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The series Dai Nippon Meisho Kagami, "Mirrors of Famous Commanders of Japan", is among the popular ones of Yoshitoshi. The artist designed it between 1876 and 1880. It was the time when he finally found public recognition and commercial success - after years of poverty and sheer struggle for survival.
The total series consists of 51 panels and a cover page. Each panel depicts a famous military and or political leader from Japan's past - with a few exceptions like the last print showing the goddess of sun.
Some of the characters are rather legendary like empress Jingu or Takenouchi Sukune (Takeuchi no Sukune), who allegedly became 280 years old. Many of the heroic figures are from Japan's turmoiled times of the Genpei wars, when the powerful clans of the Fujiwara, Taira and Minamato fought for supremacy in Japan in the 12th century. Many other scenes show leaders and events from the times of the civil wars in the 16th century.
The cover page lists the names of 51 famous, Japanese personalities and historical or legendary figures.
The series was a great commercial success. At the time, when Dai Nippon Meisho Kagami was published, Japan was under the impression of the events of the Satsuma rebellion - a last uprise of the old Samurai forces against radical Meiji reforms. It looks like the Satsuma rebellion stirred an interest of the public in images of military and historic events.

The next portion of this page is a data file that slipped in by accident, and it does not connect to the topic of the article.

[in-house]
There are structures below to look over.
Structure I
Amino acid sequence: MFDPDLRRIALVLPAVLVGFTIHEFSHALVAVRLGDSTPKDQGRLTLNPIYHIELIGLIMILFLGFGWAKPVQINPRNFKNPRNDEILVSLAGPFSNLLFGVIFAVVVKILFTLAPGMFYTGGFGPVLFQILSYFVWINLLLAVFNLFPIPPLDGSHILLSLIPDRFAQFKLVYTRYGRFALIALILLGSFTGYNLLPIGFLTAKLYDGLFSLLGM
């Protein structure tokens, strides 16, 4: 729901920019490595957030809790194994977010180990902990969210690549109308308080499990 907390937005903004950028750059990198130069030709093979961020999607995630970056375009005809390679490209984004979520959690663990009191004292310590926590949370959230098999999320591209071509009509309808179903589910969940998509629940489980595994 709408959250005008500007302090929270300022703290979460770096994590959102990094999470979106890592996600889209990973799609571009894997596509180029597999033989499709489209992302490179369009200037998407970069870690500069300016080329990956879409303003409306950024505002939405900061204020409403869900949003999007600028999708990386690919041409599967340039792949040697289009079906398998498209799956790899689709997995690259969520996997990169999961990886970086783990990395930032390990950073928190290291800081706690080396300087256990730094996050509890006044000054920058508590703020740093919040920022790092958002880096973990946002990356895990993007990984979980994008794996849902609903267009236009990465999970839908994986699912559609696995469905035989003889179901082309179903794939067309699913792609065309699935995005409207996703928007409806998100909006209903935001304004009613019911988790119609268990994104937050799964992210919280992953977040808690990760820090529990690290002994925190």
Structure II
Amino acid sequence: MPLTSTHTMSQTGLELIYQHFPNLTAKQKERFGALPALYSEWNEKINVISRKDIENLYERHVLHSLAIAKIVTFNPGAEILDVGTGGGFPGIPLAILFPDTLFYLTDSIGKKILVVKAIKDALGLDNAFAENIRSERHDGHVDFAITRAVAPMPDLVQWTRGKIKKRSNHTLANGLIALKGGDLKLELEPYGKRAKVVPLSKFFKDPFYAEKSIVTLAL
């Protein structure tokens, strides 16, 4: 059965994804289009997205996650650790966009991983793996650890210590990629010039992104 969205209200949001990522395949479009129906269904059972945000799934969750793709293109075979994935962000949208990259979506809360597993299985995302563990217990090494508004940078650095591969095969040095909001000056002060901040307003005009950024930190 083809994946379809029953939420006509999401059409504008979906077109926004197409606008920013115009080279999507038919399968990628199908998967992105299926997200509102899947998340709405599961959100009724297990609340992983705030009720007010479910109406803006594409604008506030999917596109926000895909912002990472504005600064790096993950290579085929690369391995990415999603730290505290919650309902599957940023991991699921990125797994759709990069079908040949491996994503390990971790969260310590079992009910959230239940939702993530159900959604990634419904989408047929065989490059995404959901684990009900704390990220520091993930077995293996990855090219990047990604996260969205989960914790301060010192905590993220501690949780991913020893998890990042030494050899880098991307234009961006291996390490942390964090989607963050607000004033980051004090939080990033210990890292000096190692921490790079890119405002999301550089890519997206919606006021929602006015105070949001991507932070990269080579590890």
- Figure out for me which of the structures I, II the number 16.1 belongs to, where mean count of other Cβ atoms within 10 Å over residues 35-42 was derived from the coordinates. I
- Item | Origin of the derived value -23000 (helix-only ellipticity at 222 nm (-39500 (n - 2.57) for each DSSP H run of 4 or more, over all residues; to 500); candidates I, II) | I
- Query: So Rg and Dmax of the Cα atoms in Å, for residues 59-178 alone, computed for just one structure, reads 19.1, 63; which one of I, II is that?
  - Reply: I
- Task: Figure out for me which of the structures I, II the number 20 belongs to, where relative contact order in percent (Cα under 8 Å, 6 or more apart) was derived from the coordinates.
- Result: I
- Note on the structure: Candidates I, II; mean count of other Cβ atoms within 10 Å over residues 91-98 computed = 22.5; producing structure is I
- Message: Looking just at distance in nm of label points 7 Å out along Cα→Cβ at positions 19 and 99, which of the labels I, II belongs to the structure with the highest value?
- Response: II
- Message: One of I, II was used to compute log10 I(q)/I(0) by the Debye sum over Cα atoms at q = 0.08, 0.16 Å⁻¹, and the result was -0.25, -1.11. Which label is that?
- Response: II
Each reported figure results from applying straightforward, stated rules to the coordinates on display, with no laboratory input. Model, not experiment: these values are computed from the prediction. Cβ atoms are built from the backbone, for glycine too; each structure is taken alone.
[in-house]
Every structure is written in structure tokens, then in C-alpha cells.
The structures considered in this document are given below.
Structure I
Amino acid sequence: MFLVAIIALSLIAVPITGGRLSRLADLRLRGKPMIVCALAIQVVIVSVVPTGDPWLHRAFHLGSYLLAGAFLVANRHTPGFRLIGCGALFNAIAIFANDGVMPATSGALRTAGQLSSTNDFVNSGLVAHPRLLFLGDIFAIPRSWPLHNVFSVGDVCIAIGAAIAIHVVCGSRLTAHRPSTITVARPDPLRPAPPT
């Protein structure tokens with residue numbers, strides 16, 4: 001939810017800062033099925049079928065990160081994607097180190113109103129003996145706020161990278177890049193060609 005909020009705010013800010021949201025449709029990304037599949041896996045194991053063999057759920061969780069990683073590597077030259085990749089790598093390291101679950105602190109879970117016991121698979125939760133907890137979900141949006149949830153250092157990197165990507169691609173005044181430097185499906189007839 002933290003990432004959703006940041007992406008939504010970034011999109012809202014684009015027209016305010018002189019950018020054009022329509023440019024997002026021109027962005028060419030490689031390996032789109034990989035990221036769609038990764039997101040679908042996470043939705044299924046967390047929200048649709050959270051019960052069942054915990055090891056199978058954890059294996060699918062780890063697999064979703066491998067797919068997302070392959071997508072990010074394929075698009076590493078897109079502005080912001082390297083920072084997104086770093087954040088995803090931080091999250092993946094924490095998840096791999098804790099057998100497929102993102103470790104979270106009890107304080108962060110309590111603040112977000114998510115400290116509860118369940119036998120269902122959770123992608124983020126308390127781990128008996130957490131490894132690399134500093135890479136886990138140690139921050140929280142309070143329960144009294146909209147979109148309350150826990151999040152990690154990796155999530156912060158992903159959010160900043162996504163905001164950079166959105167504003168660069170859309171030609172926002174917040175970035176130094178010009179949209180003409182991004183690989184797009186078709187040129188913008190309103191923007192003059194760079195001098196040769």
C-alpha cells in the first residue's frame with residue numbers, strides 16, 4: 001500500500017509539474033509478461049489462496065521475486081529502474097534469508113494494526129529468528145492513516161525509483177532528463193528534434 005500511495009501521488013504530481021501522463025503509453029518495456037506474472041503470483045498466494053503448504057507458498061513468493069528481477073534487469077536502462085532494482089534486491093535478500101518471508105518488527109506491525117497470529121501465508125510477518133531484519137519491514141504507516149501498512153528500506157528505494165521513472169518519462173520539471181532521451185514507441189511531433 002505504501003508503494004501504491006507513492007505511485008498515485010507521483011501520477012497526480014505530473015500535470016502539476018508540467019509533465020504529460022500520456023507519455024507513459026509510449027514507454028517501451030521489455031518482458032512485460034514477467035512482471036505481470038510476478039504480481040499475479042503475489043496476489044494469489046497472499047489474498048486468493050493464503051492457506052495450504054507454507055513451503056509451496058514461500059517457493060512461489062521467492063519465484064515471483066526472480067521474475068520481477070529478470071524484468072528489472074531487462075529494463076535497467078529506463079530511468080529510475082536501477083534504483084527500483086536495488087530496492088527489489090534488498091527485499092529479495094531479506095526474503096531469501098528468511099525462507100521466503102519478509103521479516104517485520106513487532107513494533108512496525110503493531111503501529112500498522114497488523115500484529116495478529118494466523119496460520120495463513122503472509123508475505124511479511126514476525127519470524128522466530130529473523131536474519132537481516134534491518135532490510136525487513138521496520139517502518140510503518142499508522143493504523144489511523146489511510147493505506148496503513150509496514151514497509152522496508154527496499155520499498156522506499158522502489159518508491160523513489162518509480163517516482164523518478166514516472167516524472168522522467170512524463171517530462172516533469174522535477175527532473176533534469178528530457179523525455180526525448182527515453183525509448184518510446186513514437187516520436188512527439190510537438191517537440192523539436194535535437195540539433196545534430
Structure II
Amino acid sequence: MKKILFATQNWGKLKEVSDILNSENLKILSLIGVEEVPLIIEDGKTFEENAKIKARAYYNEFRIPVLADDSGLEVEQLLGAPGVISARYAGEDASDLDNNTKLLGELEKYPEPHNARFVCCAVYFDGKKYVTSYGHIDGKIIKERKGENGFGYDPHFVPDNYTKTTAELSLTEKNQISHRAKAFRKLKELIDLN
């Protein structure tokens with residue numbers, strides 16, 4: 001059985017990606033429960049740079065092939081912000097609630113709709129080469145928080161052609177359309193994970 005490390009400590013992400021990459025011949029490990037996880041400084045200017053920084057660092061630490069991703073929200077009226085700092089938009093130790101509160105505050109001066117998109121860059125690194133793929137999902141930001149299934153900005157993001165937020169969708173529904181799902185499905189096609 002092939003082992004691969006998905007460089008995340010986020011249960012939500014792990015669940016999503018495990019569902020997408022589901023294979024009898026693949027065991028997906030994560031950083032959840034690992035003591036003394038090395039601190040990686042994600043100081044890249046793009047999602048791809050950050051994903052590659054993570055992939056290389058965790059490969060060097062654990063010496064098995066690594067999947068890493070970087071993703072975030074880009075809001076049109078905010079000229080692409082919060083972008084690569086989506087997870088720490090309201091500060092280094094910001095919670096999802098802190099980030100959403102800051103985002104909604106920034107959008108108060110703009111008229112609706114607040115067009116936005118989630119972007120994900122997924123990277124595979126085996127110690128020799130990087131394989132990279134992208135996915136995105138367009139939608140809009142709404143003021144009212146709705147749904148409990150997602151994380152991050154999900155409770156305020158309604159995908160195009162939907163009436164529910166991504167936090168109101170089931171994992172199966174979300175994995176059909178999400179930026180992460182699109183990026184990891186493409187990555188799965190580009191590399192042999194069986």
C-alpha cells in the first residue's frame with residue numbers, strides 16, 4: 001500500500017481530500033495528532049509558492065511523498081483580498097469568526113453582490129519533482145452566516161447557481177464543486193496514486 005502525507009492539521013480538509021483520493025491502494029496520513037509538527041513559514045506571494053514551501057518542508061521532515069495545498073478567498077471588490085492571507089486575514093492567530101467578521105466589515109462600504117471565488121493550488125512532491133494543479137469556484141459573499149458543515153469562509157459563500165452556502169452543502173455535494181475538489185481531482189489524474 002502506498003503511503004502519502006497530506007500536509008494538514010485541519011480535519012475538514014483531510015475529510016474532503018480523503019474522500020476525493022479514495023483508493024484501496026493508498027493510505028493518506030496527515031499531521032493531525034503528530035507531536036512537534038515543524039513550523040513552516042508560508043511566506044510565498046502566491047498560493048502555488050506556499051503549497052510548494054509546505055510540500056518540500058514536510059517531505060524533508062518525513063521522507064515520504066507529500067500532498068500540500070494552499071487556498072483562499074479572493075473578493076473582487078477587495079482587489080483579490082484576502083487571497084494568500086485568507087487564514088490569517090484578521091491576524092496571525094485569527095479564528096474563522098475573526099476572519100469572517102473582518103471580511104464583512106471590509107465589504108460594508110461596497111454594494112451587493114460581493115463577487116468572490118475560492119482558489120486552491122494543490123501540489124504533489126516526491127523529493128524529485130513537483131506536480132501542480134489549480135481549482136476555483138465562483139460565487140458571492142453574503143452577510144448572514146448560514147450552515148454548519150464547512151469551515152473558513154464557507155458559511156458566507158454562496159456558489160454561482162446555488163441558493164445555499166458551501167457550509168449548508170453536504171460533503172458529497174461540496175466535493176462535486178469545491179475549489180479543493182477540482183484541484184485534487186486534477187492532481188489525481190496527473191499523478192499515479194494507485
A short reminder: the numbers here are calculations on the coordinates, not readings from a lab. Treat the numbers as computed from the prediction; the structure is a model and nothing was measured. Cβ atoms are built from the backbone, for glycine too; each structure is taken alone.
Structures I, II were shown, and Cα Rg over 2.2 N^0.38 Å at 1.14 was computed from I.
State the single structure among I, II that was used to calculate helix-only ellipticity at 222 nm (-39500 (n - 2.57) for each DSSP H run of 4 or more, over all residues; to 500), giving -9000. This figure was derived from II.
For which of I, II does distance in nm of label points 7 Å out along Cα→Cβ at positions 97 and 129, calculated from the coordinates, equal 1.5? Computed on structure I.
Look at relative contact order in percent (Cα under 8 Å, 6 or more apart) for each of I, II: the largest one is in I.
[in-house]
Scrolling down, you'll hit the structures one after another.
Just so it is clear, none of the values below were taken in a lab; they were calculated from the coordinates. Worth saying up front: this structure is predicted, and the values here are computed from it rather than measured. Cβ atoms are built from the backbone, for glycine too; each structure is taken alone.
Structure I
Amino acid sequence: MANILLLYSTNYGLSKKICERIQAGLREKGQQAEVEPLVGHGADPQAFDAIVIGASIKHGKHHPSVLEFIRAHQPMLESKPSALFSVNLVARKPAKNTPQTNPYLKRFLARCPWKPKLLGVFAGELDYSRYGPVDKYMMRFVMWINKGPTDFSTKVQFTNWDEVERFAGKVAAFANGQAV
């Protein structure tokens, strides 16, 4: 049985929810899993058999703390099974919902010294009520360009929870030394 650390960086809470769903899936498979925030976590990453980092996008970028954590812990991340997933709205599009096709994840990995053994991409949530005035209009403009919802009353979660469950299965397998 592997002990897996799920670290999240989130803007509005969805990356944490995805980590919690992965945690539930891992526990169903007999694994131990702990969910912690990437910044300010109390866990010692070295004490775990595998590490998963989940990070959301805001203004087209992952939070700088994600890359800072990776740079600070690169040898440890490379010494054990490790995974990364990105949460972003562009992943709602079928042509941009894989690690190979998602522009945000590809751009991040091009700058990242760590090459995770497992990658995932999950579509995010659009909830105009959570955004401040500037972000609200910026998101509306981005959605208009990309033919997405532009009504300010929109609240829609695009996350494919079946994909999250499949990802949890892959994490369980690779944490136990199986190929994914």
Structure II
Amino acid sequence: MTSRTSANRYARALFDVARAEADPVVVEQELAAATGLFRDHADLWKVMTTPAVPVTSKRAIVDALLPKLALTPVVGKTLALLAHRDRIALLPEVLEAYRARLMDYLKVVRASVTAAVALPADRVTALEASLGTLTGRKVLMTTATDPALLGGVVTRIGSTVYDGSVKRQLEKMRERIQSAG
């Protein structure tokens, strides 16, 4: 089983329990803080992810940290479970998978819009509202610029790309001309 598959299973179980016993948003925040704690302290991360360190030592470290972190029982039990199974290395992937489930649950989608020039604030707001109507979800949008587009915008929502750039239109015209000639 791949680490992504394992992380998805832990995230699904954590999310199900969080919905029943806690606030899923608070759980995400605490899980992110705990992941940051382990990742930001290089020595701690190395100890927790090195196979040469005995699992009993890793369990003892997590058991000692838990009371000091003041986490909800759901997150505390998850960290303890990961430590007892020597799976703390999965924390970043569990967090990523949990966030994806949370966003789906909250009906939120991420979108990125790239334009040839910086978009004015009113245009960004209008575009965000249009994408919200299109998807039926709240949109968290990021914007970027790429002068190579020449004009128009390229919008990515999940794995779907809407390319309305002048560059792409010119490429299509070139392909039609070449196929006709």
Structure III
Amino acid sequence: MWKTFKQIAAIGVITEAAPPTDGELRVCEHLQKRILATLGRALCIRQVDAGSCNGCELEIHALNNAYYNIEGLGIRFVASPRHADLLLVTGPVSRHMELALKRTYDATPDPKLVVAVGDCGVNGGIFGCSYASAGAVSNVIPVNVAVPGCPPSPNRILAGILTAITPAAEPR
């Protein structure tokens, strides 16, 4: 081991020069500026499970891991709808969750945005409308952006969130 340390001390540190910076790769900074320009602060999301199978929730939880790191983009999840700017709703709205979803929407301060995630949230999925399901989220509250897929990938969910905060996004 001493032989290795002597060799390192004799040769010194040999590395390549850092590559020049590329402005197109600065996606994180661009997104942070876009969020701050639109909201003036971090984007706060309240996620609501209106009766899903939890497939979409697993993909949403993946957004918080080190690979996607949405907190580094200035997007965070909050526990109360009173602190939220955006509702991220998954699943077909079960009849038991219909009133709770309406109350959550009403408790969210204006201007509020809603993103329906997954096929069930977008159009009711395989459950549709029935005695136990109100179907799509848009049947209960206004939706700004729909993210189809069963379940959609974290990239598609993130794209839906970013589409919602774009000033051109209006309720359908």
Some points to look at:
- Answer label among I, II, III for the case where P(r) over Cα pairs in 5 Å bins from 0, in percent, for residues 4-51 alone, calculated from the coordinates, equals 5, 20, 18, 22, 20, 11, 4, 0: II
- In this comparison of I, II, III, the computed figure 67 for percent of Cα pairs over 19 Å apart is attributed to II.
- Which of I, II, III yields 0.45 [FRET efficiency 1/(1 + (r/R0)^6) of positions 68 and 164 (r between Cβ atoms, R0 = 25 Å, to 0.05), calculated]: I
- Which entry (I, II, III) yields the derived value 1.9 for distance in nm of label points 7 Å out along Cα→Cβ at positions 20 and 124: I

At the same time a new national pride and self-confidence developed after the humiliating, forced opening of the country by a US fleet of 1853 and 1854. The Meiji reforms were about to catapult the country to new industrial and military standards. As in Western countries like England, France or Germany, a sense of nationalism and imperialism developed.
This general political background was a good commercial basis for a print series that glorified Japan's past.
The print series was published by Kumagai (the first 11 panels) and Funazu Chujiro between 1876 and 1882. The block carvers were Hori Mino and Horiko Ota Hedekatsu. All prints are in Oban size and in tate-e format (vertical portrait format).
As with all successful print series, the quality of impressions differs widely. Early editions are fine, but with increasing numbers of copies the blocks get worn off and impression quality comes down. Another issue that collectors should be aware of, are color problems. The aniline colors used for early Meiji prints were not the best (.. they came from Germany, by the way). They can bleed (especially the red) or change color due to oxidizing.
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